Close Menu
Ottmar & Associates, Inc
Court Reporting / Video Conferencing / Transcription
Get In Touch Today! 602-485-1488 866-485-1444
Current Time In Phoenix, Arizona

Rule Change! Court Reporters No Longer to Tell Witnesses about their Right to Review the Transcript.

A stop sign that reads rules have changed.jpg.crdownload

The Rules of Civil Procedure on a court reporter’s duties to inform a witness of their rights after a deposition have been revised in Arizona. Read on to learn more about the rule change and how it affects counsel for a witness testifying in an Arizona deposition, and contact an experienced Arizona court reporter with any additional questions.

Notice of right to transcript review  – it’s no longer the court reporter’s duty to provide one

Formerly, Arizona Rules of Civil Procedure required court reporters to speak up to let deposition witnesses know about their right to review their deposition transcript. Before a deposition had concluded, if counsel did not inform the witness of this right, a court reporter had the obligation to advise the witness that they had 30 days to review and either affirm or modify a transcript. This also applied to video and audio recordings of depositions. If the witness made changes to a transcript, they were obligated to explain why they chose to make these changes.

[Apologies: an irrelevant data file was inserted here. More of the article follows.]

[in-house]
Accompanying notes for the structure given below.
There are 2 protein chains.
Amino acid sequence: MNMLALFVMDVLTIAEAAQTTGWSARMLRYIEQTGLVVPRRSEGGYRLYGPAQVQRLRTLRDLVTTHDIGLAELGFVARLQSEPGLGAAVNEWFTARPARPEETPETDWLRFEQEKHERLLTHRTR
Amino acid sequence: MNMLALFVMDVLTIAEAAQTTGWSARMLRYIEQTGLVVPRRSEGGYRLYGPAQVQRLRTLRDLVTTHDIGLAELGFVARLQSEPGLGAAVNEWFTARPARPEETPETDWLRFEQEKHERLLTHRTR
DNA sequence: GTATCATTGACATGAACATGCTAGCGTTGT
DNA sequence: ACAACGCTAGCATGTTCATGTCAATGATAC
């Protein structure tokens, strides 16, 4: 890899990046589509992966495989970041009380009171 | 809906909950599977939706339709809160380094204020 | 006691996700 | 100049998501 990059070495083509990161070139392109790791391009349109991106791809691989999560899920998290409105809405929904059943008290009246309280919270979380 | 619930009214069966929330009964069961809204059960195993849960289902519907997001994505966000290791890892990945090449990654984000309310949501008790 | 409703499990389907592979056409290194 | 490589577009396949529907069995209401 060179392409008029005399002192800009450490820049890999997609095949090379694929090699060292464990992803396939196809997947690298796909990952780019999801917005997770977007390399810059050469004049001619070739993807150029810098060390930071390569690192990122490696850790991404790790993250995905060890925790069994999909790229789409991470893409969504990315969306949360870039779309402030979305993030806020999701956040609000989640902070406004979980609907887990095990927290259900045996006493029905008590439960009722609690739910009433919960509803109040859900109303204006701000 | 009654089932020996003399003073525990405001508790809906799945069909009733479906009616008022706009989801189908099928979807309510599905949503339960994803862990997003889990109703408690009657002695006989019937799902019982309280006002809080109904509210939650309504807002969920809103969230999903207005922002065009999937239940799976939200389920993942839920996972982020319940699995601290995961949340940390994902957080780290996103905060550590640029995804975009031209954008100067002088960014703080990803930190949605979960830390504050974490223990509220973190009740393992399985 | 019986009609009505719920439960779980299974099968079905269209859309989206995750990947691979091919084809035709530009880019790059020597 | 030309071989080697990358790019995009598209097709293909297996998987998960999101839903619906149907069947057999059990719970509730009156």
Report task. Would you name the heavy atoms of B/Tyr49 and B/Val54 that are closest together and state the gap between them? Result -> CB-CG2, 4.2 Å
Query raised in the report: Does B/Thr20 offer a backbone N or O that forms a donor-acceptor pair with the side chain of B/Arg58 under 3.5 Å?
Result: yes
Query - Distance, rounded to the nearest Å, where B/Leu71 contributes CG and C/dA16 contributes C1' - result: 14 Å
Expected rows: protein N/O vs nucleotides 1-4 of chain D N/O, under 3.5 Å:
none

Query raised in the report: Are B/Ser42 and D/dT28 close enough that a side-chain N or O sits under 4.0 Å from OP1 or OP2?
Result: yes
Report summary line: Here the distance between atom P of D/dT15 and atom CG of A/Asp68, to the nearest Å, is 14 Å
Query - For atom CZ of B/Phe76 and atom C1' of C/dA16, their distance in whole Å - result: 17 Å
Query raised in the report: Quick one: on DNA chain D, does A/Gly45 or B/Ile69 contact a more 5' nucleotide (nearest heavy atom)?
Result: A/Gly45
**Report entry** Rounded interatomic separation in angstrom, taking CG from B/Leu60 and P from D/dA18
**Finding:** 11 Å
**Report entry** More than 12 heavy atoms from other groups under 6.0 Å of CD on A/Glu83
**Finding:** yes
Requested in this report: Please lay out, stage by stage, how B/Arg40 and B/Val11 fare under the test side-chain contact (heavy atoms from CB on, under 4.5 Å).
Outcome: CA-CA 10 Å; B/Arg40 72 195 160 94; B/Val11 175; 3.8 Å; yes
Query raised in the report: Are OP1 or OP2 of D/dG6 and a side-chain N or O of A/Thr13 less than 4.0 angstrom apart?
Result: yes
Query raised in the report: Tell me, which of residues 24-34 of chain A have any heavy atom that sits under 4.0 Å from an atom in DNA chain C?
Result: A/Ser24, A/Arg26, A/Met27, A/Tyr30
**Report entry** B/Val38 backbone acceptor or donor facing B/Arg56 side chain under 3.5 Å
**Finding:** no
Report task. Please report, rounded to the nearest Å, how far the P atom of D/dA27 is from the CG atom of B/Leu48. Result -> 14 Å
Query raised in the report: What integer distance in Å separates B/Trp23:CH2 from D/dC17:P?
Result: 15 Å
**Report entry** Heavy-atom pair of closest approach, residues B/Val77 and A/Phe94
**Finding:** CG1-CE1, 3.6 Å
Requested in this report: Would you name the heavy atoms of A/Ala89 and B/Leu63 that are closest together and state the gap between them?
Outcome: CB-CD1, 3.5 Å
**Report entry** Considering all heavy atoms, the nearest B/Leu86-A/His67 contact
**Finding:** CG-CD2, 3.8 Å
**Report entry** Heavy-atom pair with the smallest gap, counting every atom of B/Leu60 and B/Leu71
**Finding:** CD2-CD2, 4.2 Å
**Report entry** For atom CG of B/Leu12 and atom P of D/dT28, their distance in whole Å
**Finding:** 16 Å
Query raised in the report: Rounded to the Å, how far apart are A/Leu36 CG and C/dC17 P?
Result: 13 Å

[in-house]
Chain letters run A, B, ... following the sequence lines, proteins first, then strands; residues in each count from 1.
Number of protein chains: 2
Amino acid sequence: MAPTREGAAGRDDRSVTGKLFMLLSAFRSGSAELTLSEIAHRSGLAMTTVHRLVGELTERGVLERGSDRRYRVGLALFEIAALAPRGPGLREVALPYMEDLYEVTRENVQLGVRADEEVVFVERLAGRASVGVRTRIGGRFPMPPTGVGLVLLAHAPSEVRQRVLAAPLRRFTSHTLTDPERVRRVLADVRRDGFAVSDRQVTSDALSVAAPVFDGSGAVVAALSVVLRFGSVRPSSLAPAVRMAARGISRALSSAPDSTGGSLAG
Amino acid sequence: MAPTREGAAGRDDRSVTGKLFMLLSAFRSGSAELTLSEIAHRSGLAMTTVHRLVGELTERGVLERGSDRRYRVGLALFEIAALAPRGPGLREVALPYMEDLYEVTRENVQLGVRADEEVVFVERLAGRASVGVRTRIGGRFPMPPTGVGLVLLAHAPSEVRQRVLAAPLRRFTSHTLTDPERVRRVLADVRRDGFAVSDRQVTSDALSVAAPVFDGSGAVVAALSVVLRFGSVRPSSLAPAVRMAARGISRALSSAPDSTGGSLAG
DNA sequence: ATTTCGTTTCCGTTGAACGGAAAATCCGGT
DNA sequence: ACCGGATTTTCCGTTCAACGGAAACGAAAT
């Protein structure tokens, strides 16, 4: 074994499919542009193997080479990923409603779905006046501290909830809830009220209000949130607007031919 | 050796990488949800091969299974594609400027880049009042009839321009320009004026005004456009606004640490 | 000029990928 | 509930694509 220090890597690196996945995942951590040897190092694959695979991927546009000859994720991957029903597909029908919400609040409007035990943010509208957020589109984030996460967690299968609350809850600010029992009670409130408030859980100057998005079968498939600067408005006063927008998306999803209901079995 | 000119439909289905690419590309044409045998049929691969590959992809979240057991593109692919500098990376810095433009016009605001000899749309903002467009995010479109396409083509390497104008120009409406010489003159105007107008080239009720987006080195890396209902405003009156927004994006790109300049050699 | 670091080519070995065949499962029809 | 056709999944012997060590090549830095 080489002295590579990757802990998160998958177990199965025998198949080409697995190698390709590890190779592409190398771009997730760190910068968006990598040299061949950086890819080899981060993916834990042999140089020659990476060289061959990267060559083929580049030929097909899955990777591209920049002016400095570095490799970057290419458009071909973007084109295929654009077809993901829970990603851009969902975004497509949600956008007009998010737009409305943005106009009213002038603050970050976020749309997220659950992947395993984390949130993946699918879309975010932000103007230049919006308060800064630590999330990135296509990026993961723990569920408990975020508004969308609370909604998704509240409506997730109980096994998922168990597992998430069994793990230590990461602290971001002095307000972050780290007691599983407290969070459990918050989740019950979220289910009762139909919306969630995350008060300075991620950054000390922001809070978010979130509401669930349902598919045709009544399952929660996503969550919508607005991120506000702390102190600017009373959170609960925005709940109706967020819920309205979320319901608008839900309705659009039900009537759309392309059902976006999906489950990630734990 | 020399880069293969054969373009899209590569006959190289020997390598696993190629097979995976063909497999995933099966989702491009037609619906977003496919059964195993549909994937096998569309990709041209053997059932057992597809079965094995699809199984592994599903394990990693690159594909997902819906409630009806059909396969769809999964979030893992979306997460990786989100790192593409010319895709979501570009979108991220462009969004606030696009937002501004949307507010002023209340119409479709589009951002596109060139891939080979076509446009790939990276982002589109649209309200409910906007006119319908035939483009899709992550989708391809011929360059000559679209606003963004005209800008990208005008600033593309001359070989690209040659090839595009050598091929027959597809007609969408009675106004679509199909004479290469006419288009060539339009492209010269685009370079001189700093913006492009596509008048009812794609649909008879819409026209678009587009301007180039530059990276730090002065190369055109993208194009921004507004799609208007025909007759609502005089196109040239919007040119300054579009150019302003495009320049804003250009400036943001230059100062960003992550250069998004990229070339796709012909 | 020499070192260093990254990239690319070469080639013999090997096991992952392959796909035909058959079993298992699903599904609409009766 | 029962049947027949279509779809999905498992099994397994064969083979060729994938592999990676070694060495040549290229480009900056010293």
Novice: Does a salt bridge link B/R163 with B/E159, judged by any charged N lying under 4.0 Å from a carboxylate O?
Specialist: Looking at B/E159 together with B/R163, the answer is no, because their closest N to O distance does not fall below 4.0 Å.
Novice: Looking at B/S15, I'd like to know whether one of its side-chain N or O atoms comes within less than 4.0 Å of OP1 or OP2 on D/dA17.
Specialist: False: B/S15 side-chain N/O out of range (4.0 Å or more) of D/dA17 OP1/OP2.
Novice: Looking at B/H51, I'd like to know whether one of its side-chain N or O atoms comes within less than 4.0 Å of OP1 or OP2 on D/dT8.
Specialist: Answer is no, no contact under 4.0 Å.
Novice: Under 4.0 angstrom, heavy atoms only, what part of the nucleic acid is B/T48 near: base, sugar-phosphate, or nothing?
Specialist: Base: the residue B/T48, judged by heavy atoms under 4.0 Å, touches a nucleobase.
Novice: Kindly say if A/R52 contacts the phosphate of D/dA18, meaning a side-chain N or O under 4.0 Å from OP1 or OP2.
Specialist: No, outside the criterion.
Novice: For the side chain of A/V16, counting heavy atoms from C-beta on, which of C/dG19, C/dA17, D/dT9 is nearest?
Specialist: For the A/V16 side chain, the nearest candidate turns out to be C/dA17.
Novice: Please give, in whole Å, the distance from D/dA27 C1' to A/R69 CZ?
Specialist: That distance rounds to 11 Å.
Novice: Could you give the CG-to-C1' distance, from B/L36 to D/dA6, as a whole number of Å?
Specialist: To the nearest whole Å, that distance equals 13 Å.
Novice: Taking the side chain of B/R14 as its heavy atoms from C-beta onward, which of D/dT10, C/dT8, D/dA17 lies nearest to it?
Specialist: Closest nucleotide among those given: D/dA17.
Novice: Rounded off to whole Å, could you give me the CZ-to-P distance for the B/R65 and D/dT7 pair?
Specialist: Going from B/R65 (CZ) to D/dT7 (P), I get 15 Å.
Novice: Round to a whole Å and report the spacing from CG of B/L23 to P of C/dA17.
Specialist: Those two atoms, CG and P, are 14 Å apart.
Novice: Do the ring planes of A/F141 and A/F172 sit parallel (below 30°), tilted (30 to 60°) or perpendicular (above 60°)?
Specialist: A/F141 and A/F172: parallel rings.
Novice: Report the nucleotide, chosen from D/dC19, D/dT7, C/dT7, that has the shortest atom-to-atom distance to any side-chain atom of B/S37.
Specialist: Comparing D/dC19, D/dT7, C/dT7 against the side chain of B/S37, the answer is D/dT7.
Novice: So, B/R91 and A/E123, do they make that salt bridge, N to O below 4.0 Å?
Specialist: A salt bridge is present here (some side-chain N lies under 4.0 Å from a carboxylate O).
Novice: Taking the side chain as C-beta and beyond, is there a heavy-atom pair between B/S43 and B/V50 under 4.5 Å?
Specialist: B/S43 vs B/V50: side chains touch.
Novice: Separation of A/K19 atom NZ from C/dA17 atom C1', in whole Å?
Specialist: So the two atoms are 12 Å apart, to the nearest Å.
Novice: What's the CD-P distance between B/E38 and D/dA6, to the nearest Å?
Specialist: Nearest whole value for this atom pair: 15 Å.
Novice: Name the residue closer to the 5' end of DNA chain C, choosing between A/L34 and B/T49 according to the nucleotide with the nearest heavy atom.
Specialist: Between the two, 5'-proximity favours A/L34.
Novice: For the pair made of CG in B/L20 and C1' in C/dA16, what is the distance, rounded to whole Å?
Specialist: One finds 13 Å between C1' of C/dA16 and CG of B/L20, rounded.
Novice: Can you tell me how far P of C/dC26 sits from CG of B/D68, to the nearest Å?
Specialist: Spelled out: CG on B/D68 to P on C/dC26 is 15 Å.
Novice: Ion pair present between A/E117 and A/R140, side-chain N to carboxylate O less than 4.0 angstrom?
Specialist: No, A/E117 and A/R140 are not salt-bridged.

As of January 1, 2017, court reporters no longer bear this duty. Under the new rule, court reporters must only provide an opportunity to the witness to review and affirm if requested before the conclusion of the deposition or modify the transcript of the deposition for the 30 days after the transcript or recording is completed.

Revised duties regarding certificate on transcript review

In addition to the changes on notice, the rule on what information is included in the court reporter’s certificate regarding a witness’s transcript review has also changed. Previously, when witnesses invoked their right to review and either provide modifications or affirm, the court reporter was required to attach either:

1) the witness’s affirmation or the changes the witness made to the transcript, or

2) to state that the witness failed to provide either an affirmation or modifications to the transcript.

Now, if neither the witness nor counsel for the witness invokes their right for review, the court reporter must include “not requested” in the transcript of that deposition, or include any changes that were requested by the witness. A knowledgeable and effective Arizona court reporter will be able to inform both local and out-of-state counsel on their rights and obligations under local rules of civil procedure, allowing counsel to focus their energies on the more important task of taking or defending their deposition.